BE FOREWARNED: Elena Ferrante’s postwar Naples, as depicted in “My Brilliant Friend,” is not the Italy of escapist fantasies, of villas under a Tuscan sun, of Roman holidays. It is savage and claustrophobic, where children throw sharp rocks to draw blood, where the power struggles of grocers, bakers and shoemakers ensnare the women around them. And yet, “My Brilliant Friend” is not dreary. What the narrator Elena Greco notes of her friend Lila Cerullo could apply to Ms. Ferrante: “She took the facts and in a natural way charged them with tension; she intensified reality as she reduced it to words, she injected it with energy.” The author too draws you into the conflicts and joys of ordinary lives in tumultuous times—thus illuminating our own.
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“My Brilliant Friend,” published in Italy in 2011 under the pseudonym Elena Ferrante (despite speculation, the author’s identity remains unconfirmed) and translated into English a year later, centers on the friendship between feral Lila, a shoemaker’s daughter, and eager-to-please Elena, the daughter of a porter at city hall. The most precocious children in the neighborhood, they forge a fraught friendship of rivalry and loyalty, the difference at times unknowable, and one that spurs each other’s efforts to escape their circumstances. The book begins when Lila deliberately vanishes at age 66, without a word to anyone—in anger, Elena pens the details of their lives, beginning with their childhood. The first of four books—three of which have been adapted as an HBO series—“My Brilliant Friend” feels even more relevant now, eerily reflecting the feeling of being trapped in our physical spaces as the country agitates.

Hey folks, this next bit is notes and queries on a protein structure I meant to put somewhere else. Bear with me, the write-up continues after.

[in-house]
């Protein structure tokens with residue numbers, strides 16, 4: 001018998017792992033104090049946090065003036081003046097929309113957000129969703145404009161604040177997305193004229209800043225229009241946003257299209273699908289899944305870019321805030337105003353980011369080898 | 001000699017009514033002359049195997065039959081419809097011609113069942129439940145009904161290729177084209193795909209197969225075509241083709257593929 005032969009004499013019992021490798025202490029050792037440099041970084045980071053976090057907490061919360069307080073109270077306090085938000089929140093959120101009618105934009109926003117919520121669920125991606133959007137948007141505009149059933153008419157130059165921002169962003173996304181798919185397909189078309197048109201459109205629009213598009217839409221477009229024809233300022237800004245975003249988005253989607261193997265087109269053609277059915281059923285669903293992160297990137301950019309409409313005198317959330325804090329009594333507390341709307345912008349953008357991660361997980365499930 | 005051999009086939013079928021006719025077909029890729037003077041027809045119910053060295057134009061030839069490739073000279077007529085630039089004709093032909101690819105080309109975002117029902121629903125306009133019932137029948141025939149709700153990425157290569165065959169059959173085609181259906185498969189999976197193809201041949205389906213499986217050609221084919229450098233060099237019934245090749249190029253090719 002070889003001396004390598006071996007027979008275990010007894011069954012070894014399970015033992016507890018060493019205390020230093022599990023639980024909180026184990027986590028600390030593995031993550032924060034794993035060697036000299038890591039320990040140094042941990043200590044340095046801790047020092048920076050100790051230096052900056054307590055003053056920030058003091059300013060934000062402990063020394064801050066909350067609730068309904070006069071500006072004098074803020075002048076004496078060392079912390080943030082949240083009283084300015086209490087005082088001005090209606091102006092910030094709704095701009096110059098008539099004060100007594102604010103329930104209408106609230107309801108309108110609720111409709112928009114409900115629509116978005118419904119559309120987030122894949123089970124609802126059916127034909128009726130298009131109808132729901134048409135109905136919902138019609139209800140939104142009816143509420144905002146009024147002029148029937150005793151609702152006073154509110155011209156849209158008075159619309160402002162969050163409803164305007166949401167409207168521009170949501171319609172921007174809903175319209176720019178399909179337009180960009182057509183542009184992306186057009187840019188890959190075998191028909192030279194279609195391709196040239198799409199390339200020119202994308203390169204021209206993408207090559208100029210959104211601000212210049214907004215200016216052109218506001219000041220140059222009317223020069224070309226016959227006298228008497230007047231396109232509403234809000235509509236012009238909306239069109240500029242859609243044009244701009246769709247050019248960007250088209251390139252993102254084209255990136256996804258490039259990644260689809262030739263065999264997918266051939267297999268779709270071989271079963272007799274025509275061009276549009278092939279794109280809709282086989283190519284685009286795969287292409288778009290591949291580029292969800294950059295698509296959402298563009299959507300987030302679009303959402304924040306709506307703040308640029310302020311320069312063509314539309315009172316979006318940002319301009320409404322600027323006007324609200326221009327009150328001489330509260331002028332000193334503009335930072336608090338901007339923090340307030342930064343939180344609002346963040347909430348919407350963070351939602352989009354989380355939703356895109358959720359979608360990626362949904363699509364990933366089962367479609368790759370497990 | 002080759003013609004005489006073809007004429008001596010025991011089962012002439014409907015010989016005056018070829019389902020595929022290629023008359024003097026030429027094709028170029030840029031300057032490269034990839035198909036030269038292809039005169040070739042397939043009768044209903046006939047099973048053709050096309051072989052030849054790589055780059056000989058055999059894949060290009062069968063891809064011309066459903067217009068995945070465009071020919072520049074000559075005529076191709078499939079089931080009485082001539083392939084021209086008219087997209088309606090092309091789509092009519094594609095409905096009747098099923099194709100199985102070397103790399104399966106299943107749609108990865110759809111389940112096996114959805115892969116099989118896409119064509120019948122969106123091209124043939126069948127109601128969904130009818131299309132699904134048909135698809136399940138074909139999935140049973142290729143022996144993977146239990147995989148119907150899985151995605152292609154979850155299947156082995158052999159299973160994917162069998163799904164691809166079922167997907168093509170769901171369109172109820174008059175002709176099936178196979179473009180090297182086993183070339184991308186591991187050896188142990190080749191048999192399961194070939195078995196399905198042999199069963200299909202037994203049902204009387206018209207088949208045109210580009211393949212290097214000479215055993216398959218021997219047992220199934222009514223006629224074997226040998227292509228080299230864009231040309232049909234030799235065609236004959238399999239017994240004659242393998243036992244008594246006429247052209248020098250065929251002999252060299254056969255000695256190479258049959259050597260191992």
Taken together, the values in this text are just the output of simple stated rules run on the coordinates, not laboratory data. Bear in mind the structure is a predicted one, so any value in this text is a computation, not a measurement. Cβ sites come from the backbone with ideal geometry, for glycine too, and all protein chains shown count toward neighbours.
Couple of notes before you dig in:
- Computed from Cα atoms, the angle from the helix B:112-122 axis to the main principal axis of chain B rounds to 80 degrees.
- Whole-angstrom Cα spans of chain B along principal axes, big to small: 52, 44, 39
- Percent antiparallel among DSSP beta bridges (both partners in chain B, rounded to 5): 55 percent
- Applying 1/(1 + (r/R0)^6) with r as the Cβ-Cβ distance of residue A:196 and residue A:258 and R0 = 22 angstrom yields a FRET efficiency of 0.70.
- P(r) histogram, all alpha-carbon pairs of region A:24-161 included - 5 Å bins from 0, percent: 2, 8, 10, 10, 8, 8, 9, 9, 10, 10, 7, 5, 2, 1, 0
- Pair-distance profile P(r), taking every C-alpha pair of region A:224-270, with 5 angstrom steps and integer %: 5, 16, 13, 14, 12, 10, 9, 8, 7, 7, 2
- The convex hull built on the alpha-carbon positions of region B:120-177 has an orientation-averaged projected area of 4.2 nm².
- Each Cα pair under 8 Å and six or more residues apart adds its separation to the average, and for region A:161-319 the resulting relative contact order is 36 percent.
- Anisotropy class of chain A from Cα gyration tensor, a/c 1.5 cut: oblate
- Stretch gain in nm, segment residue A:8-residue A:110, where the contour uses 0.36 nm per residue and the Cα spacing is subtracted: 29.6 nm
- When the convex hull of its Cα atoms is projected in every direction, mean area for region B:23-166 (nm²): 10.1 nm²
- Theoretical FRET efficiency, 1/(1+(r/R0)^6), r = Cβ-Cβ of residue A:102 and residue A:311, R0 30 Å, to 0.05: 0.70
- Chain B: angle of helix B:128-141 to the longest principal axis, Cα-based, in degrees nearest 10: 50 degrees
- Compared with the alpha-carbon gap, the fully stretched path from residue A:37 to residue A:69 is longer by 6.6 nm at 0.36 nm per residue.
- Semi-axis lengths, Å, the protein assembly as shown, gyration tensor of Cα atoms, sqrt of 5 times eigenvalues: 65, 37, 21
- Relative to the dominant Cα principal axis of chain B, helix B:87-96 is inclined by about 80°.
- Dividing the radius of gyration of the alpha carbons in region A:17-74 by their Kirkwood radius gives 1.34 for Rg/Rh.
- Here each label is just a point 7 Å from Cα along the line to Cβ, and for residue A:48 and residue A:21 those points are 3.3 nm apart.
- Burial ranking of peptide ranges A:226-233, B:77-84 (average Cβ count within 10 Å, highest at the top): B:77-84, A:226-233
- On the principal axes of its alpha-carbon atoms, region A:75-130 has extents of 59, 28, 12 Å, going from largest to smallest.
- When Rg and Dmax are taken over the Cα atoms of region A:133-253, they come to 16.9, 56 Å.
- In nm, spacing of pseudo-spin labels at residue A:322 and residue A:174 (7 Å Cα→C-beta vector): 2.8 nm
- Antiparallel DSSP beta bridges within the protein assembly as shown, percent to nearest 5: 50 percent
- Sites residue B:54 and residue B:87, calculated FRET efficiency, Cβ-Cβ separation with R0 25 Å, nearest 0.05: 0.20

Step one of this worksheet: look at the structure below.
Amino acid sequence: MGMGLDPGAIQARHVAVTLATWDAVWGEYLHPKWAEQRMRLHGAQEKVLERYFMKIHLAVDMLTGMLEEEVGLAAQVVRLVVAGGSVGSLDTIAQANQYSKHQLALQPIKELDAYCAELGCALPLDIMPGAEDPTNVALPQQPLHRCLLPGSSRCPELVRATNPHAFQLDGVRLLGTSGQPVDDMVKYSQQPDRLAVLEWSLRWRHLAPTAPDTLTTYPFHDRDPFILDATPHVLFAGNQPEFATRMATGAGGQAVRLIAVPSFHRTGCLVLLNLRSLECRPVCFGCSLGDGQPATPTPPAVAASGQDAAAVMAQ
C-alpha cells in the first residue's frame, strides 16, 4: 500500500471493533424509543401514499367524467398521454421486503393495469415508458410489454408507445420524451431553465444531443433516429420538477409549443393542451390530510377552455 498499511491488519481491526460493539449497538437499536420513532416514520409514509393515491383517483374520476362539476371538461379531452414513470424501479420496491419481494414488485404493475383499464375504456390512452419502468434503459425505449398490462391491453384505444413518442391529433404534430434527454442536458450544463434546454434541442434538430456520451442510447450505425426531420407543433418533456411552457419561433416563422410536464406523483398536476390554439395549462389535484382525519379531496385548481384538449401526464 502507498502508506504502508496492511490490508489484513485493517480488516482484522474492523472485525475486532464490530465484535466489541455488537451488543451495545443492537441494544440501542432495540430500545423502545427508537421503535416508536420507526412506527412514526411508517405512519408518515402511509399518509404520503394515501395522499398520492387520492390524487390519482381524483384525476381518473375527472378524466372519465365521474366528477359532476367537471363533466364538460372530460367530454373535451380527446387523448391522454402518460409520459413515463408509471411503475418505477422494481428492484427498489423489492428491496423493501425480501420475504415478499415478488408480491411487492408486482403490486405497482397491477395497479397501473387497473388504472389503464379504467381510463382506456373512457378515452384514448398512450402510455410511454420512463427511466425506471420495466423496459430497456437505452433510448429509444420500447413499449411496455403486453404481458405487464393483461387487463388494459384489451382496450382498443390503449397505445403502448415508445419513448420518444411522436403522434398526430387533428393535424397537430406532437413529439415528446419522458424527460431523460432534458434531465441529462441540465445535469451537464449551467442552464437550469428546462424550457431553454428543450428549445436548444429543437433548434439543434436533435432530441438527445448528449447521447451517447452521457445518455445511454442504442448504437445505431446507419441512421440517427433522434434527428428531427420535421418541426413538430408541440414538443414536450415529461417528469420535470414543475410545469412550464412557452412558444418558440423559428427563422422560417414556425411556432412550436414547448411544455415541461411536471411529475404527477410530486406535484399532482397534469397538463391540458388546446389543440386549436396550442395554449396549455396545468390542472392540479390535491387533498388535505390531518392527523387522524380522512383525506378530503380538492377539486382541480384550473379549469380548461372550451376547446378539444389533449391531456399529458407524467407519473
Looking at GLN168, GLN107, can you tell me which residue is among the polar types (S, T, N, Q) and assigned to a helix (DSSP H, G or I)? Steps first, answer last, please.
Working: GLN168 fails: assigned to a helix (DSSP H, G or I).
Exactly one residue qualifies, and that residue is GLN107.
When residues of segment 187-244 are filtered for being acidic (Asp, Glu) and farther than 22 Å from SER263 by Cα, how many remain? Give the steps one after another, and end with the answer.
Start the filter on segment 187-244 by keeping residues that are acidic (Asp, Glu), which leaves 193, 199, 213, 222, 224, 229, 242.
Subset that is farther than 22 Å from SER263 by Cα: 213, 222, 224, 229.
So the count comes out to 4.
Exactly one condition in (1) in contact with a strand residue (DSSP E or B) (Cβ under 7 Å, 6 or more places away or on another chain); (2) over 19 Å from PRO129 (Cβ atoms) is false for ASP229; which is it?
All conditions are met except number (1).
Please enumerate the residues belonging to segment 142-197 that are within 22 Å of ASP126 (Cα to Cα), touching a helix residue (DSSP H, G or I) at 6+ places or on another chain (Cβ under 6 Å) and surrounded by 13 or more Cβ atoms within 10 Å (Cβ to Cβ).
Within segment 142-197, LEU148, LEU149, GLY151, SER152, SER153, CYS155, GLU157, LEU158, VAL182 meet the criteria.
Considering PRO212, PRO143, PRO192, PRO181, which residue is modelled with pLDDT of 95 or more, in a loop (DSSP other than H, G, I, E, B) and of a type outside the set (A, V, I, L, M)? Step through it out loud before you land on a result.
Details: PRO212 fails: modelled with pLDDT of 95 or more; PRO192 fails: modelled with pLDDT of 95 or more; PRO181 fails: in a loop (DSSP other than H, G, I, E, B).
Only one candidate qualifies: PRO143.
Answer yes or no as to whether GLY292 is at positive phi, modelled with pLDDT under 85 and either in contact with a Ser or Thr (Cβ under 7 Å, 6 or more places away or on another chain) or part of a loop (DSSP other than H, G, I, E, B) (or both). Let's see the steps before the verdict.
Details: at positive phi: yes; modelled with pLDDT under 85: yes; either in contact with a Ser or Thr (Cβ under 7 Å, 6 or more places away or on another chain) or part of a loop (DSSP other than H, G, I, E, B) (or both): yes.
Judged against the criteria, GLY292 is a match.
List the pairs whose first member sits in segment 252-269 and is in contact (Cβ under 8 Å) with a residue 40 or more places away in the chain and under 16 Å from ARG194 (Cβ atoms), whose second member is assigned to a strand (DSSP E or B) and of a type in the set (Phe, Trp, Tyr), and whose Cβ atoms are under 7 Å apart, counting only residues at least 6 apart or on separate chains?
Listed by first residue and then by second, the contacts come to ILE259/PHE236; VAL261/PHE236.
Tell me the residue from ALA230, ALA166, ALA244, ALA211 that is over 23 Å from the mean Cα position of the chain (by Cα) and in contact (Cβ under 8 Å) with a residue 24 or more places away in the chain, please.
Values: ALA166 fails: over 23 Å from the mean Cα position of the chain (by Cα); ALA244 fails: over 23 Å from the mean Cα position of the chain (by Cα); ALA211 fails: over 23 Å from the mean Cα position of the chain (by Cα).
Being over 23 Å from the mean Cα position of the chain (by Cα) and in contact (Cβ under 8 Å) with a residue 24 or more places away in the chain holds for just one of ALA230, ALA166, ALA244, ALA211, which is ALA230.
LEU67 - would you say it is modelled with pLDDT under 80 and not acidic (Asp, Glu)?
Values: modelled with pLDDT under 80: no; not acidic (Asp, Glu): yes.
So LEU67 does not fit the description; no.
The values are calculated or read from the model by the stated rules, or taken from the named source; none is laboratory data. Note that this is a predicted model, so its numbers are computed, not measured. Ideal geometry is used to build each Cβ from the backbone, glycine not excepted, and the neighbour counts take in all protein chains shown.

In Elena and Lila’s derelict corner of postwar Naples, “everything was quivering, arching upward as if to change its characteristics, not to be known by the accumulated hatreds, tensions, ugliness but, rather, to show a new face.” “My Brilliant Friend” contemplates how to rise above our situation—as individuals, as friends, as neighborhoods, as countries.
From the seedy to the sublime
The streets and buildings of Elena and Lila’s unnamed neighborhood in Naples have a “sick pallor” and “the appearance of a poorly printed photograph,” but in occasional escapes outside of its boundaries, Elena discovers Naples’ vibrancy and beauty. Backed by the “delicate pastel-colored shape” of Mount Vesuvius, the city is full of grand piazzas and cascades into a sea that “broke in a thousand glittering splinters.” Glimpses of this brilliance against the bleakness of Elena’s everyday landscape charge Elena with hope. “Full of light and sound, I pretended I was alone in the newness of the city, new myself with all life ahead, exposed to the mutable fury of things but surely triumphant.”
Sinister prosciutto and pastries